Sam’s wisdom becomes one of the foundational elements of Steve’s Captain America persona. The original Cap goes on to save the day and get encased in ice and Sam… stays in the past. Unlike the other Generations titles, where the character out of time is jerked back to their present after the heartfelt exchange, Sam settles into life in the ’40s with a new identity. As Paul Jeffries, Sam starts a family, becomes a minister, and lives through the Civil Rights movement. Eventually, Sam sees his younger self become the Falcon and fight along a revived Captain America, the same Steve Rogers he met during the war.

It isn’t until Sam (still living as Paul) is well into his old age when he finally meets Steve again, who immediately recognises him as the flying soldier from all those decades back. Though Steve had figured out that who “Paul” actually was before their reunion, he kept his knowledge away from the younger Sam, reasoning that he was fated to travel back through time. When “Paul” and elderly Steve meet, it’s to discuss Steve’s decision to pass the Cap mantle onto Sam and, in a lovely bit of narrative symmetry, “Paul” is able to fundamentally shape his own destiny.

The book ends with “Paul” being sucked back into his original present, young once again, and tracking down the recently created “good Steve” to give him back his Captain America shield.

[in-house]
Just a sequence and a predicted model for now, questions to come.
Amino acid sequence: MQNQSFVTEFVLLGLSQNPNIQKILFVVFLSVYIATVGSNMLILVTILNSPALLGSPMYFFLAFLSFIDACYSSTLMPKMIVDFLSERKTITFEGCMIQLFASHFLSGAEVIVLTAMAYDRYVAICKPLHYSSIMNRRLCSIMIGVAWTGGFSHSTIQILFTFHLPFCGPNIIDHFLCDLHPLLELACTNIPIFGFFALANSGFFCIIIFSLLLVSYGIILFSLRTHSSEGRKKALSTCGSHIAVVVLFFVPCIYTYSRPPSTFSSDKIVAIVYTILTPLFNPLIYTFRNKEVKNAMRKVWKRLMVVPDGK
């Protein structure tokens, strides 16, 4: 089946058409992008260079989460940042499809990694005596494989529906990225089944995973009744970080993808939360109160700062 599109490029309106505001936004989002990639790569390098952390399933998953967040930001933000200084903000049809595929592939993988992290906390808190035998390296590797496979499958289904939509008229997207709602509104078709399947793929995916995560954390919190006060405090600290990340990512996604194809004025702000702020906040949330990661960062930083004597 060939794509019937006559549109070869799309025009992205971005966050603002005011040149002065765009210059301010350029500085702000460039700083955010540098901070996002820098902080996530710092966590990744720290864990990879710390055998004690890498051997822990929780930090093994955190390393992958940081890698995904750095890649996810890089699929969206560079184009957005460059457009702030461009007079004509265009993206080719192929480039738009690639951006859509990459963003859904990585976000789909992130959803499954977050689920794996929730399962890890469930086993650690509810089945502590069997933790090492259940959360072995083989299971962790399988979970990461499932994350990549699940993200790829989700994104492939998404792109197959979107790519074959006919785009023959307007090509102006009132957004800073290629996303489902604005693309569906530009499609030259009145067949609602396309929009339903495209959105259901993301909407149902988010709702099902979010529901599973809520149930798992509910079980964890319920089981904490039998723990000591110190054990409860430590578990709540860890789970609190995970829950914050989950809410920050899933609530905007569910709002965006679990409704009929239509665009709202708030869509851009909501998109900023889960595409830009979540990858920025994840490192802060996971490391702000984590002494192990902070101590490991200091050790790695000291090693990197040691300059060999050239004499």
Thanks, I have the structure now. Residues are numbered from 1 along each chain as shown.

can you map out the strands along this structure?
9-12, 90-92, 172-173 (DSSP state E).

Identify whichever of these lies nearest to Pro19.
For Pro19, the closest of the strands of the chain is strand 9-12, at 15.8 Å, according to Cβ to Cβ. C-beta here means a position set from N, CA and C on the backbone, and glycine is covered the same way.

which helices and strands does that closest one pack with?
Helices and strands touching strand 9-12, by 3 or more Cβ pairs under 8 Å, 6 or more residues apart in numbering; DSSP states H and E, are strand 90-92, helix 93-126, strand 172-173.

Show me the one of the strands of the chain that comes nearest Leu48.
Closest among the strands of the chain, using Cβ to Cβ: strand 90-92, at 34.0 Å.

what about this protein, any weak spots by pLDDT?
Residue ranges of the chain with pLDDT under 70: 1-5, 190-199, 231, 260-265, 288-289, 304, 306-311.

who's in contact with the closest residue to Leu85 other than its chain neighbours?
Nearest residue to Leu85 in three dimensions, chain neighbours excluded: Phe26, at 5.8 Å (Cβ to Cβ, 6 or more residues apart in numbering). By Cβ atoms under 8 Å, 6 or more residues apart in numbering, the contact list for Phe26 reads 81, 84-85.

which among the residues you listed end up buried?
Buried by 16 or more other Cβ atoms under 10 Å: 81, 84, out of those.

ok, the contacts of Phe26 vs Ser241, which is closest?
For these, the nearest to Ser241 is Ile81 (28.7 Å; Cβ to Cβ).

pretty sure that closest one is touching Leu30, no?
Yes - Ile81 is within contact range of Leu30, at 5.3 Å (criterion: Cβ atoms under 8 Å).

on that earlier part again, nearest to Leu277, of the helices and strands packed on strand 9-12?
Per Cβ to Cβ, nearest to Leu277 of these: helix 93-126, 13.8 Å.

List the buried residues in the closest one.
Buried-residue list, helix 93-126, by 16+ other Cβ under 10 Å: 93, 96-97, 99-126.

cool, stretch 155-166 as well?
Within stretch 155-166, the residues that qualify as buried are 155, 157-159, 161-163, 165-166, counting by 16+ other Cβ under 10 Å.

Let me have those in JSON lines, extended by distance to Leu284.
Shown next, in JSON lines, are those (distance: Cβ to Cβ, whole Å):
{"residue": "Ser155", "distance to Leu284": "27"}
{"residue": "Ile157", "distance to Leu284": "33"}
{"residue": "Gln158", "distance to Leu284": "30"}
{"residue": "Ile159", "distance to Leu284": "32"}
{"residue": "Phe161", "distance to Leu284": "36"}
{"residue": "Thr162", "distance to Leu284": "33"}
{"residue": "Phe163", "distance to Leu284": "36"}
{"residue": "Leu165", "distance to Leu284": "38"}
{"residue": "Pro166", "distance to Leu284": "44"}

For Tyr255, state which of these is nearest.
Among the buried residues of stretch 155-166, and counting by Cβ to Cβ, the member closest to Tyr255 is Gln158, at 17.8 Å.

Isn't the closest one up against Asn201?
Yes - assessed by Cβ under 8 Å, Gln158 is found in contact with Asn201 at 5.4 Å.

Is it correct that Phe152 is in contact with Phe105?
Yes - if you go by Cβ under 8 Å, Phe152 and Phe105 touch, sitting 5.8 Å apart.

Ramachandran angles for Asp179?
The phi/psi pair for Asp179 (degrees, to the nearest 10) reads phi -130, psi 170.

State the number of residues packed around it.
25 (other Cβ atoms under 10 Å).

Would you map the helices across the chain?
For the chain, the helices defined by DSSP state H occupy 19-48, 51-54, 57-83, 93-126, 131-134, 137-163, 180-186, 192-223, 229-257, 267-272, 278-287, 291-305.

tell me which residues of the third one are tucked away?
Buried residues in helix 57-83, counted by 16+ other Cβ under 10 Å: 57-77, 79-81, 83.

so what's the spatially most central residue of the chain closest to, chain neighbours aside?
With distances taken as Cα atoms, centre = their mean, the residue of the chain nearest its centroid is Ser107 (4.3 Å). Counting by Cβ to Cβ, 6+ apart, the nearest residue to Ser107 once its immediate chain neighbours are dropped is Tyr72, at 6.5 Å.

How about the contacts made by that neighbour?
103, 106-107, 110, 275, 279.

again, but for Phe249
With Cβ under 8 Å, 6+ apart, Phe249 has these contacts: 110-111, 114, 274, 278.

If Generations: Sam Wilson Captain America & Steve Rogers Captain America existed in a vacuum unrelated to Secret Empire, it would make for a solid limited series. In Secret Empire‘s shadow, though, the book reads a lot more like an obligatory, ceremonial passing (back) of the torch that highlights the fact that Sam’s giving up his title at a time when it’s been irreparably tarnished.

Of the many things that Secret Empire tried to accomplish, the one that (perhaps accidentally) it actually pulled off was saddling the idea of Captain America with a shit-ton of Nazi baggage. Regardless of what Secret Empire‘s ultimate goal was, the process of turning Steve into Hydra’s leader and then having the character carry out a draconian master plan to take over the world generated controversy that hasn’t exactly strengthened the Captain America brand. There’s something objectively off-putting about watching Sam give Steve a pep talk that’s going to lead to Sam becoming Captain America when we know that that stage of Sam’s life is soon coming to an end. We’re meant to believe that the “good Steve” is a worthy successor, but that sort of blind faith in Steve seems out of character for Sam, given the experience he had during Secret Empire.

Sam delivering the eulogy for Rhodey in Captain America: Sam Wilson #10. Art by Angel Unzueta, Cris Peter, Joe Caramagna

Sam delivering the eulogy for Rhodey in Captain America: Sam Wilson #10. Art by Angel Unzueta, Cris Peter and Joe Caramagna